Just one week ago, the wife of my daughter’s erstwhile thesis advisor at Wyoming Catholic College lost two little daughters in an accident on a snowy highway. She herself was not much hurt, because it was a case of slipping sideways and being t-boned on the passenger side, but the children did not make it. One minute hers; the next minute, slipping away, though it would be hours before the final breath.
So painful, so sorrowful! All the college and its students’ and professors’ families, especially those with small children, wakeful and crying at night and clinging to their children in spirit; classes disoriented, papers overdue, teachers overloaded.
I have been reading – for other reasons – a book called A Song for Nagasaki. It is the story of a Japanese Catholic convert who lived in Urakami, the suburb of Nagasaki which was struck by the atomic bomb in August 1945, and which had been the center of persecuted Catholicism in Japan for 300 years, ever since Paul Miki and 25 others were martyred. The very center of the long-suffering of Japanese Catholicism!
America planned to bomb the center of a different city; it was clouded over. The second choice was Nagasaki, center city. Instead, because of still more clouds, it was here on the outskirts, right here! Could not he who calmed the storm…
Takashi eventually has this beautiful reflection on the Lamb of God who was slain for our sins, the pure sacrifice that brings an end to wars. Was not Urakami the pure lamb slain for the sins of that war which ended on Mary’s feast of the Assumption, 6 days later? “A whole burnt offering on the altar of sacrifice…”
There was a great murmur about this when he first said it – at a large outdoor Mass, by the ruins of their cathedral. But he had been loved, had worked tirelessly for the sick for months before, indeed years before, as well as pulling things together in the immediate aftermath of the bombing, on a barren and bloody hillside, though his own head was deeply punctured and bleeding steadily under whatever bandaging. He had lost all his work, research, books, home, hospital, teaching center, grass, trees, flowers, beauty of his land, and above all, friends, co-workers, patients, neighbors, the Catholic cathedral, the priests hearing confessions inside, and above and beyond all, his valiant and beloved wife, Midori. His angel. Charred he found her when relief came and he could look for her on the third day, her rosary melted in the black bones of her hand. His children lived; they had gone over the mountainside with Gran. He almost died of his own bleeding, radiation, and exhaustion in the first weeks and was saved by a miracle, but still faced long-term leukemia. He was to live 6 years, mostly bedridden.
So they loved him, and they listened: this was how he had found peace. They were the lamb that was slain for the sins of many, and so brought peace. Even today, the bombing is remembered in Nagasaki with prayer, not with anger.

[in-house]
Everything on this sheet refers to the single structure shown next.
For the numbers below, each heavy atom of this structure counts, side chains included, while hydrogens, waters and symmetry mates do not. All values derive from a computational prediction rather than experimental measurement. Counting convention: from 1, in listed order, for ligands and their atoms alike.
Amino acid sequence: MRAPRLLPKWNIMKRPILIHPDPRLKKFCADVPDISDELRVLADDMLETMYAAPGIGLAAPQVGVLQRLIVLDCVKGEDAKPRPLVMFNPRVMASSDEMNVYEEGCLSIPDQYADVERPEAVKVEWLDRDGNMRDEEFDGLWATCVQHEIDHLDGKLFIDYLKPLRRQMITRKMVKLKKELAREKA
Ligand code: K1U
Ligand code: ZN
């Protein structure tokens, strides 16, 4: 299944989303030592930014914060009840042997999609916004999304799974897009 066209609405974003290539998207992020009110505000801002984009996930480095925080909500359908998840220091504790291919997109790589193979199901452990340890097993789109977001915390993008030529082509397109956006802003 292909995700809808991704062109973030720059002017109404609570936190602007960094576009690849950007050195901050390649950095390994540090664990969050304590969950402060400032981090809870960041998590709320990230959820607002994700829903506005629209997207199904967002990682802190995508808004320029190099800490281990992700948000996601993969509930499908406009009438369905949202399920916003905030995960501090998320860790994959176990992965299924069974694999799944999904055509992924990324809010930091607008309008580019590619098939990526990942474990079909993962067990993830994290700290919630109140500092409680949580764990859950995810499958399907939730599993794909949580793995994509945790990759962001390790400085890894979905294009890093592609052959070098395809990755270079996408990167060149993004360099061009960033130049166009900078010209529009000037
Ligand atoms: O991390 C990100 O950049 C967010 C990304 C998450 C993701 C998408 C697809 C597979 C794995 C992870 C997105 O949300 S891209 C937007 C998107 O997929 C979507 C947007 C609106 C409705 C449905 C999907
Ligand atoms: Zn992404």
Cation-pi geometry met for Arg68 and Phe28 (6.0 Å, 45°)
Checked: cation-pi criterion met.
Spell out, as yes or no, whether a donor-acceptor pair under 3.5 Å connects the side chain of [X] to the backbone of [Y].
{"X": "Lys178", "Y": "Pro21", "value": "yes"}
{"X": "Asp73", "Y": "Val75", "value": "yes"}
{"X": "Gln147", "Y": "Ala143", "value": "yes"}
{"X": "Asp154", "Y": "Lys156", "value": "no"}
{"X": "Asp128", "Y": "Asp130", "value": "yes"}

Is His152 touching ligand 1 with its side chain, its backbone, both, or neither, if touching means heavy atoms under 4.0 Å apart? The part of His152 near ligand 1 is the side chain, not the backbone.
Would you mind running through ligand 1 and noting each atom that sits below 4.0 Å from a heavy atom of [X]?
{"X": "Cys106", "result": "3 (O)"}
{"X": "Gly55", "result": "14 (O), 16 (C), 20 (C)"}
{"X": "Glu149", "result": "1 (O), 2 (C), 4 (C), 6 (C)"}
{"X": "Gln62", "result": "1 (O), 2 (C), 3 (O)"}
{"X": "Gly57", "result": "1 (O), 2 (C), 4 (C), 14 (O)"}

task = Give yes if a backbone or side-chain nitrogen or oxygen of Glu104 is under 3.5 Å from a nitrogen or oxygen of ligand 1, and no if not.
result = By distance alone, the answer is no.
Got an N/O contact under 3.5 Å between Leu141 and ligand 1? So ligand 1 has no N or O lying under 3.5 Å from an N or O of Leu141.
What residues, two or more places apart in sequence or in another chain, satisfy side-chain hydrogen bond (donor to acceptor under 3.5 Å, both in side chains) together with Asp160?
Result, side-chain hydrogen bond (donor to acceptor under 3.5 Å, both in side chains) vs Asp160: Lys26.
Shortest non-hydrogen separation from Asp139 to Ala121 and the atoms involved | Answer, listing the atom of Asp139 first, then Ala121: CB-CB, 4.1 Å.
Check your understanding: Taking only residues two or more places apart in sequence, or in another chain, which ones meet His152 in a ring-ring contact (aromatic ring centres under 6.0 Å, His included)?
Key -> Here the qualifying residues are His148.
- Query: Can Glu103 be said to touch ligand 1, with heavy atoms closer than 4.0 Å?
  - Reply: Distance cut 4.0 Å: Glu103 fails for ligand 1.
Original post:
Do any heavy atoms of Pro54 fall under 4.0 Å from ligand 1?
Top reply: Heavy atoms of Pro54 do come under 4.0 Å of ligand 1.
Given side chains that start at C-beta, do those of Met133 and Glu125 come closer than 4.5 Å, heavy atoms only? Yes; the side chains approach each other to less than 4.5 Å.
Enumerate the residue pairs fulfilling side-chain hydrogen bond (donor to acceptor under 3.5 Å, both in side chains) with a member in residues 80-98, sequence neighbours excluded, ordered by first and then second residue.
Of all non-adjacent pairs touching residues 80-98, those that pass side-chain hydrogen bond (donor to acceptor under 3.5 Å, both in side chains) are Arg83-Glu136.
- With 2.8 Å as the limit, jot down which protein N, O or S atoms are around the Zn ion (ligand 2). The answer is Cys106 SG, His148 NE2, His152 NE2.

Less than a year ago, the same college in Wyoming lost a lovely member of the freshman class in a hiking accident with her family; recently a new and hopeful graduate of an associated college, Thomas Aquinas, died just as abruptly, and now this. It is unspeakably painful. There’s snow all over the place and a thousand curving roads; why couldn’t God take someone more … uh …dispensable?
But God is still the Lord. He was not taken by surprise when the truck came round the bend.
I’m not very good with the Atonement doctrine as it is commonly taught: our Father has no need of blood to stir up his forgiveness; he is our father. But there is something else on the underside of this teaching, something infinitely tender, infinitely lovely.
That the wicked should suffer seems fine; they jolly well deserve it, we think, presuming them not to be ourselves, and taking passages from our scriptures to prove it. But the truth is that innocent death and innocent loss are a particular grace, achieving something more hidden and deeper, and therefore Jesus came to make of these a particular union with himself.
Jesus has a particular grace in this. I feel it in my heart. I feel joy. It is around the corner – but like a light around the corner. The light cannot hide: “all my soul’s acres shine and shine” with it.
Oh yeah, I’m weeping too, but it’s like when my brother died in Viet Nam, and I could look up and see Jesus. I remember that so distinctly. I felt it even before I saw the first letter his wife pulled from her collection:
So when you realize I’m going to be gone and in danger, don’t let it shake you. It’s God playing hide and seek with you, all you have to do is stop crying and look up, and there He is, as he was for Mary Magdalen in the garden of Easter.
I love you… Now it is Sunday night. Ha! Now it is eternity. Stop! Do not go to jail. Go directly to Go and collect 200…
I feel deep, deep joy and hope in spite of my tears. God is here. Something lovely is up. If we could see it, we would smile through our tears and shake our heads. Someday, we will see, but meantime, give him a chance. Just a moment; one smile of trust. He is so good a Lord!
He desires our joy.
Heavenly friends, Midori and Takashi Nagai, pray for us
Charlie Van Hecke, pray for us.
Christine Allen, pray for us.
Emma and Olivia Lewis, pray for us.